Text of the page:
Developing:

Tech woes menace Canada's Arctic maritime traffic

AFP
A Canadian Coast Guard ice breaker is seen in the water on March 30, 2008 in the Gulf of Saint Lawrence
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A Canadian Coast Guard ice breaker is seen in the water on March 30, 2008 in the Gulf of Saint Lawrence (AFP Photo/Joe Raedle)

Montreal (AFP) - Technical problems with a new Canadian Coast Guard communications system are putting maritime traffic in the country's Arctic at risk, a union official said Tuesday.

The glitches stem from bugs in software deployed last year to centralize radio communications in the remote region.

"There are intermittent problems right now," Chad Stroud, president of the union that represents Coast Guard communications officers, told AFP.

"Somebody could be calling for routine traffic, or with distress, or an emergency like 'mayday,' and we may or may not hear the call."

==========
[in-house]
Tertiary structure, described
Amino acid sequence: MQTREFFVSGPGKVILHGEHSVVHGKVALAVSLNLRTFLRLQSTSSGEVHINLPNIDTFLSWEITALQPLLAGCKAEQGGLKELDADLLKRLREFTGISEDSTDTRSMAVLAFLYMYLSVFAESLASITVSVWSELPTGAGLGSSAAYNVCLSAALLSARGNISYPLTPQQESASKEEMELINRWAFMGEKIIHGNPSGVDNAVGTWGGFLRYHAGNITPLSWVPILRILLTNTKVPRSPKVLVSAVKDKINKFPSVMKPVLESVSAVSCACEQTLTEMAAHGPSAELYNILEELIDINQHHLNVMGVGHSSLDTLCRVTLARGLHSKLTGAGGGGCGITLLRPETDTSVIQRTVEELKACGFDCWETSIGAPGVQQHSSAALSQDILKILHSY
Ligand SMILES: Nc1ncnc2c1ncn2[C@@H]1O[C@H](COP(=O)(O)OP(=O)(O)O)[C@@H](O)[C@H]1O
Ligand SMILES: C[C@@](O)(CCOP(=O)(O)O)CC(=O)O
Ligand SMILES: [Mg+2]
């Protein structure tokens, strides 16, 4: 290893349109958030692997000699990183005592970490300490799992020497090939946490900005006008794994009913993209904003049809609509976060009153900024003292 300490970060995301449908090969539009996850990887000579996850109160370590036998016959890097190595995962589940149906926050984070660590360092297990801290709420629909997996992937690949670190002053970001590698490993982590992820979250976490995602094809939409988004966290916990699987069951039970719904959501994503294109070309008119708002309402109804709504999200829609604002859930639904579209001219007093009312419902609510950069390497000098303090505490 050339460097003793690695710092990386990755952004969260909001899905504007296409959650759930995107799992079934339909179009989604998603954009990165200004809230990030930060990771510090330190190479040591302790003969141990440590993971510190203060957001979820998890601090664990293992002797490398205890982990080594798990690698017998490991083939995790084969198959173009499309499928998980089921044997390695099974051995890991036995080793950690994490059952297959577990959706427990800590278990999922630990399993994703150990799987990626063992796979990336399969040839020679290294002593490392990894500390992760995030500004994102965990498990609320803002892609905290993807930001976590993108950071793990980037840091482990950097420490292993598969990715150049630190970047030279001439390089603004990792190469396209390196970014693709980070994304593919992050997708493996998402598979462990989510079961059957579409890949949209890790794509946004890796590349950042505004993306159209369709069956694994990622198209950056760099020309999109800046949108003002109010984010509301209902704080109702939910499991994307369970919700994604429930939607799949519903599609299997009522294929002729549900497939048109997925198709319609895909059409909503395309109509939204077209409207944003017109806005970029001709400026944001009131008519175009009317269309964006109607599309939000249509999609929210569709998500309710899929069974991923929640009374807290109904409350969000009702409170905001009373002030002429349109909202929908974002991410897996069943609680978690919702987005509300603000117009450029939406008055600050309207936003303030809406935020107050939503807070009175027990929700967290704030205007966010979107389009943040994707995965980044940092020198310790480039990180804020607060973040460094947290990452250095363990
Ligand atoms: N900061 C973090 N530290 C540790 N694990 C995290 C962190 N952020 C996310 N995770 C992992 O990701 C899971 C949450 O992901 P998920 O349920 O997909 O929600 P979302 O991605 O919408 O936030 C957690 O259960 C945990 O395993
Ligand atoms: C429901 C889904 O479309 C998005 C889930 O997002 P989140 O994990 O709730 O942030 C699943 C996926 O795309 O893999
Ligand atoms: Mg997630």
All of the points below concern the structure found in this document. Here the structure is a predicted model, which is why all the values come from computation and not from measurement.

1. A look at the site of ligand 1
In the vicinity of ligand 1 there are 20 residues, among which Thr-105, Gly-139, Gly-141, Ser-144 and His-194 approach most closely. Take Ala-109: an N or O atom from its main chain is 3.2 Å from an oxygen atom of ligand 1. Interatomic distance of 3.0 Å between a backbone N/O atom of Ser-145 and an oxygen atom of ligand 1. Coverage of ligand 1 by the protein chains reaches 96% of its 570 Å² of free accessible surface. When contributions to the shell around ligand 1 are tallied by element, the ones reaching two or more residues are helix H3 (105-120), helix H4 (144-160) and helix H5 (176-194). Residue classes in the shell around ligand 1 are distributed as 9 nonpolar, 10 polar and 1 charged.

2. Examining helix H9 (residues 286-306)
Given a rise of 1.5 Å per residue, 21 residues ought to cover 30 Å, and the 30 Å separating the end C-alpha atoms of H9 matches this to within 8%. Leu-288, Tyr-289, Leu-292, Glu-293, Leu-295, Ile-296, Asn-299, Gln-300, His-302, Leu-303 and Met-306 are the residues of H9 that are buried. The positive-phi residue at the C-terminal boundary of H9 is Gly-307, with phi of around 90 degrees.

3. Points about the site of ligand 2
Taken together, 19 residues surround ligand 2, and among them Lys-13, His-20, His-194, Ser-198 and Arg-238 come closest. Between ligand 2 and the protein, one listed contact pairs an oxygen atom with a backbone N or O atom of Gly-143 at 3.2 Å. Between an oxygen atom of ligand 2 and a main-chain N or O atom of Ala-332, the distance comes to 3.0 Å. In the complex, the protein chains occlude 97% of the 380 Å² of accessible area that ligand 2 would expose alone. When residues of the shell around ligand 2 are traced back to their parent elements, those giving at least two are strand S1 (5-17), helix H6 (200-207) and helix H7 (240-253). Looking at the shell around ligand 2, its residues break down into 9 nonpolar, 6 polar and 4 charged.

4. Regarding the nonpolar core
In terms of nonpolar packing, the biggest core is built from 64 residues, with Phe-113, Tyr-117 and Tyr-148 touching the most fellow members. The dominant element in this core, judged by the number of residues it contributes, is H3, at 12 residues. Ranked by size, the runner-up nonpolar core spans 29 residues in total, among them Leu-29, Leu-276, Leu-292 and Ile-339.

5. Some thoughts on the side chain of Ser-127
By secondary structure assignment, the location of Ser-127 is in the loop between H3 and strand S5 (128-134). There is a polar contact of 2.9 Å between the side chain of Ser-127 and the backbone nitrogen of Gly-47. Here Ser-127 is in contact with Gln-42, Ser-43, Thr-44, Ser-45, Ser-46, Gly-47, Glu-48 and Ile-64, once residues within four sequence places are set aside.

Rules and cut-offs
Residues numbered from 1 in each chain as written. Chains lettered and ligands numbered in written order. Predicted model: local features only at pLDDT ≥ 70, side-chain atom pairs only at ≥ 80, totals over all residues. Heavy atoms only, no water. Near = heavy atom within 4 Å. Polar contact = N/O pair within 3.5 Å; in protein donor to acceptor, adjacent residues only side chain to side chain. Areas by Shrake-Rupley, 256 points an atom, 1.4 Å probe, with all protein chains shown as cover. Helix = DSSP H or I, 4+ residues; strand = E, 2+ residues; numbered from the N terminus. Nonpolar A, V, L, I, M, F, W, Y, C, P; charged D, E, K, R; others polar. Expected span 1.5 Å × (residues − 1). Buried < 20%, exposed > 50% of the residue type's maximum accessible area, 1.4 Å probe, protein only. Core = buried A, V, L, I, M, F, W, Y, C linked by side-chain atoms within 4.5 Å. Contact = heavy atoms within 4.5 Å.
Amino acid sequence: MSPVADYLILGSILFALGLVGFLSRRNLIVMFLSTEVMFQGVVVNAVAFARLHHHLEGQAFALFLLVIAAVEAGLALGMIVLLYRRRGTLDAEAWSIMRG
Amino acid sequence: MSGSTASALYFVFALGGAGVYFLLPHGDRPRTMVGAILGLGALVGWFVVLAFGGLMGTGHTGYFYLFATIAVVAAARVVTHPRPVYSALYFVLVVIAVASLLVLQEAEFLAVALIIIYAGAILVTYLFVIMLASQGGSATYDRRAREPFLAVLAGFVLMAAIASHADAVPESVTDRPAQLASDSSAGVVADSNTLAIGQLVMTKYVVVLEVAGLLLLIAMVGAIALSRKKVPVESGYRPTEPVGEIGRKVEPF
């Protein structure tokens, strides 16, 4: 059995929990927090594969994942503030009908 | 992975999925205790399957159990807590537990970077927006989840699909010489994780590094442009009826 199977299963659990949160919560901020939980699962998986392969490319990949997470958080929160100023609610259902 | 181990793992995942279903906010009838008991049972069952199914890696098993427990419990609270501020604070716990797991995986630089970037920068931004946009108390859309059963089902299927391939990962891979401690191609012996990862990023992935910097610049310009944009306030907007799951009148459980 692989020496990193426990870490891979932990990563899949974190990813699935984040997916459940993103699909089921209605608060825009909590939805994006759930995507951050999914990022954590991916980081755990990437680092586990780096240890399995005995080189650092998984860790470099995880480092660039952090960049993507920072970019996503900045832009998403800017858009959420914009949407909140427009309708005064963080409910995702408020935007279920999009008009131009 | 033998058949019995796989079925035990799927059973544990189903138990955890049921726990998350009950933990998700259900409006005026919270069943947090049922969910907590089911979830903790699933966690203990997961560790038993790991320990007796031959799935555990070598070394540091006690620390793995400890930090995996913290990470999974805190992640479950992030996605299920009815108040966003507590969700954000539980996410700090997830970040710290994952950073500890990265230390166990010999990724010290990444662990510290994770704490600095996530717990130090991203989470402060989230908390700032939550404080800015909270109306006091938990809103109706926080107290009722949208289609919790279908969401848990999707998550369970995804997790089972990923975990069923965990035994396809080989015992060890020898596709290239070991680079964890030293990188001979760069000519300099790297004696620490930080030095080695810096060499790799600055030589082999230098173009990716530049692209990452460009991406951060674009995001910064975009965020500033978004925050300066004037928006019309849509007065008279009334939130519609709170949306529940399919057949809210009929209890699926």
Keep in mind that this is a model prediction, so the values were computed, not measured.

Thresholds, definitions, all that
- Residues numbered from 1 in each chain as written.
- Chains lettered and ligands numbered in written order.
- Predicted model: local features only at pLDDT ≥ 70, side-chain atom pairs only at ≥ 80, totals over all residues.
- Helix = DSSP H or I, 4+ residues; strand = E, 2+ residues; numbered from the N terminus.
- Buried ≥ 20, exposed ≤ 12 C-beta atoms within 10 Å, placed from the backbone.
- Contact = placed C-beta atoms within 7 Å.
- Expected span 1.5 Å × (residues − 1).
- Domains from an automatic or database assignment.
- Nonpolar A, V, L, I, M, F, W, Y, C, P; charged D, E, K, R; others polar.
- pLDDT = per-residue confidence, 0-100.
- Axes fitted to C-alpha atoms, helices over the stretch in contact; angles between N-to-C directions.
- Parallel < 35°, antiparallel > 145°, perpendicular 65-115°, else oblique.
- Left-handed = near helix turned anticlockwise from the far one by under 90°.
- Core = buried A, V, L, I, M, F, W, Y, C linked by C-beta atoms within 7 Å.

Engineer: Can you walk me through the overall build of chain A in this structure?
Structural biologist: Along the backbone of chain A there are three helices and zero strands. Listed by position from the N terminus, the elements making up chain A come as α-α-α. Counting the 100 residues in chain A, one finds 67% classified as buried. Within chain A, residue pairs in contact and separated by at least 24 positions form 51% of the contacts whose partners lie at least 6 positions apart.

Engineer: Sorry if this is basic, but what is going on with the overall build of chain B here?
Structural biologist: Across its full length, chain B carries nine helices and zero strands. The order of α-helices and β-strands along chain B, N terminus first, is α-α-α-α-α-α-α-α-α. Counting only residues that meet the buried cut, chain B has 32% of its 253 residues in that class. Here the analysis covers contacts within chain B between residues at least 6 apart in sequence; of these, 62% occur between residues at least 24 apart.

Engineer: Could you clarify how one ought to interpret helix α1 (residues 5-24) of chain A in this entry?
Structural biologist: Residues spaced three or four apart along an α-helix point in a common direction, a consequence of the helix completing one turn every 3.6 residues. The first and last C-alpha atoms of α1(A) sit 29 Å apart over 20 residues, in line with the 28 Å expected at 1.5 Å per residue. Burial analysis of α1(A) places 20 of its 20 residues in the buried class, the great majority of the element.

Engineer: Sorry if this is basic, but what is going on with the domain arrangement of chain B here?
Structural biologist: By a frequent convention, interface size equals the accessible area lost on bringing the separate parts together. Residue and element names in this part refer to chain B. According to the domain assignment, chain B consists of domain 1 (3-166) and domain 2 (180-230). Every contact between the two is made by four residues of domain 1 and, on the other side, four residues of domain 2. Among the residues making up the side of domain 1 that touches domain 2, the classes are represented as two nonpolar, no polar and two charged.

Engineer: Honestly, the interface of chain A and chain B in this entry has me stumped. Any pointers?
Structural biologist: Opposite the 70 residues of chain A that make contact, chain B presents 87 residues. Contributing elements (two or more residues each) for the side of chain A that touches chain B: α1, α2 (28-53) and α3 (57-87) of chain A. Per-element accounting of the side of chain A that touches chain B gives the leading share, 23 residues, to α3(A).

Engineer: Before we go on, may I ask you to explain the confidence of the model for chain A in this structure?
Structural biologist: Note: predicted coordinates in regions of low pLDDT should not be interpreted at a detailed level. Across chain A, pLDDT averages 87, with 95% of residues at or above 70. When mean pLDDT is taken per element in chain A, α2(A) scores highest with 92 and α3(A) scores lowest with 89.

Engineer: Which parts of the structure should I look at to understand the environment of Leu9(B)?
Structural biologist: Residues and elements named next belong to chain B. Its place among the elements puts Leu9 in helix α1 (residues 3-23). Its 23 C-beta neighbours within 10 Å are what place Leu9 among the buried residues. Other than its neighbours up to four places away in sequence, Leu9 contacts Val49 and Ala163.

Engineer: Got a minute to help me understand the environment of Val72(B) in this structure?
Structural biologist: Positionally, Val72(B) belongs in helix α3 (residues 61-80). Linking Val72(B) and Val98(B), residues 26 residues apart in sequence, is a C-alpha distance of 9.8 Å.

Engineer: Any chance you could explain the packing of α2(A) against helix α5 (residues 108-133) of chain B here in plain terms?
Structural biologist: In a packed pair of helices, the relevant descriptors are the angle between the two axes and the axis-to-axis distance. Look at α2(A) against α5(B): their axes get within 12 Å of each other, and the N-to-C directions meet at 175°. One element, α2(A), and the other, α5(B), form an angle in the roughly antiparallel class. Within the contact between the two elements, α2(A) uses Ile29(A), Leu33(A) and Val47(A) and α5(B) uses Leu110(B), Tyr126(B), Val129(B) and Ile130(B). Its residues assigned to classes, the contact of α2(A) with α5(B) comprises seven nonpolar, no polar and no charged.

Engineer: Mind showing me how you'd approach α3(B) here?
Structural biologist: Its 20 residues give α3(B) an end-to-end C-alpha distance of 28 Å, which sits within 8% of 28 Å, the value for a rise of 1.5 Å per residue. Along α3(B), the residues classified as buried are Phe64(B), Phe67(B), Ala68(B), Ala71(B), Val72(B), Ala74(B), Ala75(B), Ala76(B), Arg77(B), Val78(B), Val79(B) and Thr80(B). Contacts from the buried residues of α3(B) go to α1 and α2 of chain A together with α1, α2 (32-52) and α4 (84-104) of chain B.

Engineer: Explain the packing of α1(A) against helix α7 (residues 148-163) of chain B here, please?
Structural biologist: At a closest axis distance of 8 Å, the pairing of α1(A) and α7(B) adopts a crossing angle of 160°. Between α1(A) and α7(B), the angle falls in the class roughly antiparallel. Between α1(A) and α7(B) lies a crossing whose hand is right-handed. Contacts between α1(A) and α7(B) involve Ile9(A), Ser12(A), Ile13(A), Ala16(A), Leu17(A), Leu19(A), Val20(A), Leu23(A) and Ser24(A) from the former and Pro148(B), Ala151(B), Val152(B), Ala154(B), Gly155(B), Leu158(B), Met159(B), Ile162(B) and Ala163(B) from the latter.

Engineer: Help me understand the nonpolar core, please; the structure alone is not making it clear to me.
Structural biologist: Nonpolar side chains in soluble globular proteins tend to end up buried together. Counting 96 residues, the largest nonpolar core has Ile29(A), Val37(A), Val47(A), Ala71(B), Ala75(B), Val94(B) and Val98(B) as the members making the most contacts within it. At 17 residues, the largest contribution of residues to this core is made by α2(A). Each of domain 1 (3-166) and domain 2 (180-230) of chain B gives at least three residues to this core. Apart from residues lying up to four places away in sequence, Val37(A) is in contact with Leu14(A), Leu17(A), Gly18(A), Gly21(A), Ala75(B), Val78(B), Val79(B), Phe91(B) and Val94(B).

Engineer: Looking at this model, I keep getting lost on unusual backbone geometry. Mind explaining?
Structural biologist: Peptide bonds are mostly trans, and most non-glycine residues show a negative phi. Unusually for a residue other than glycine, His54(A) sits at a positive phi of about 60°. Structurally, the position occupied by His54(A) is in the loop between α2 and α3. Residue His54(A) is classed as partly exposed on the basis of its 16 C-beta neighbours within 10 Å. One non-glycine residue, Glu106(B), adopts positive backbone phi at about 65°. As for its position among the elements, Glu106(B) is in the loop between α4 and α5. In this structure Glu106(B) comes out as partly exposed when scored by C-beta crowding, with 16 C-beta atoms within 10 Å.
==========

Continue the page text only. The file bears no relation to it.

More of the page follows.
As a result, the Canadian Coast Guard put out an advisory earlier this month alerting mariners to the situation.

Stroud said the matter could put maritime traffic "at risk," blaming the problems on budget cuts imposed by Prime Minister Stephen Harper's conservative government.

In a statement, the Coast Guard acknowledged that "engineers detected an unacceptable audio echo in the incoming radio communications received through the new system."

However, it added it was addressing the hitches and that these had "no impact on current operations."

For several years now, Canada's Arctic waters have seen an uptick in traffic -- especially through the Northwest Passage linking Asia and Europe.

"Because of global warming there isn't much ice up there and the traffic is increasing every year," Stroud said.

Harper's government has prioritized development of Canada's Arctic region, deciding to build a deep sea port there.

In contrast to Russia and the United States, Canada does not own a nuclear-powered icebreaker, limiting its reaction capabilities in the immense region.

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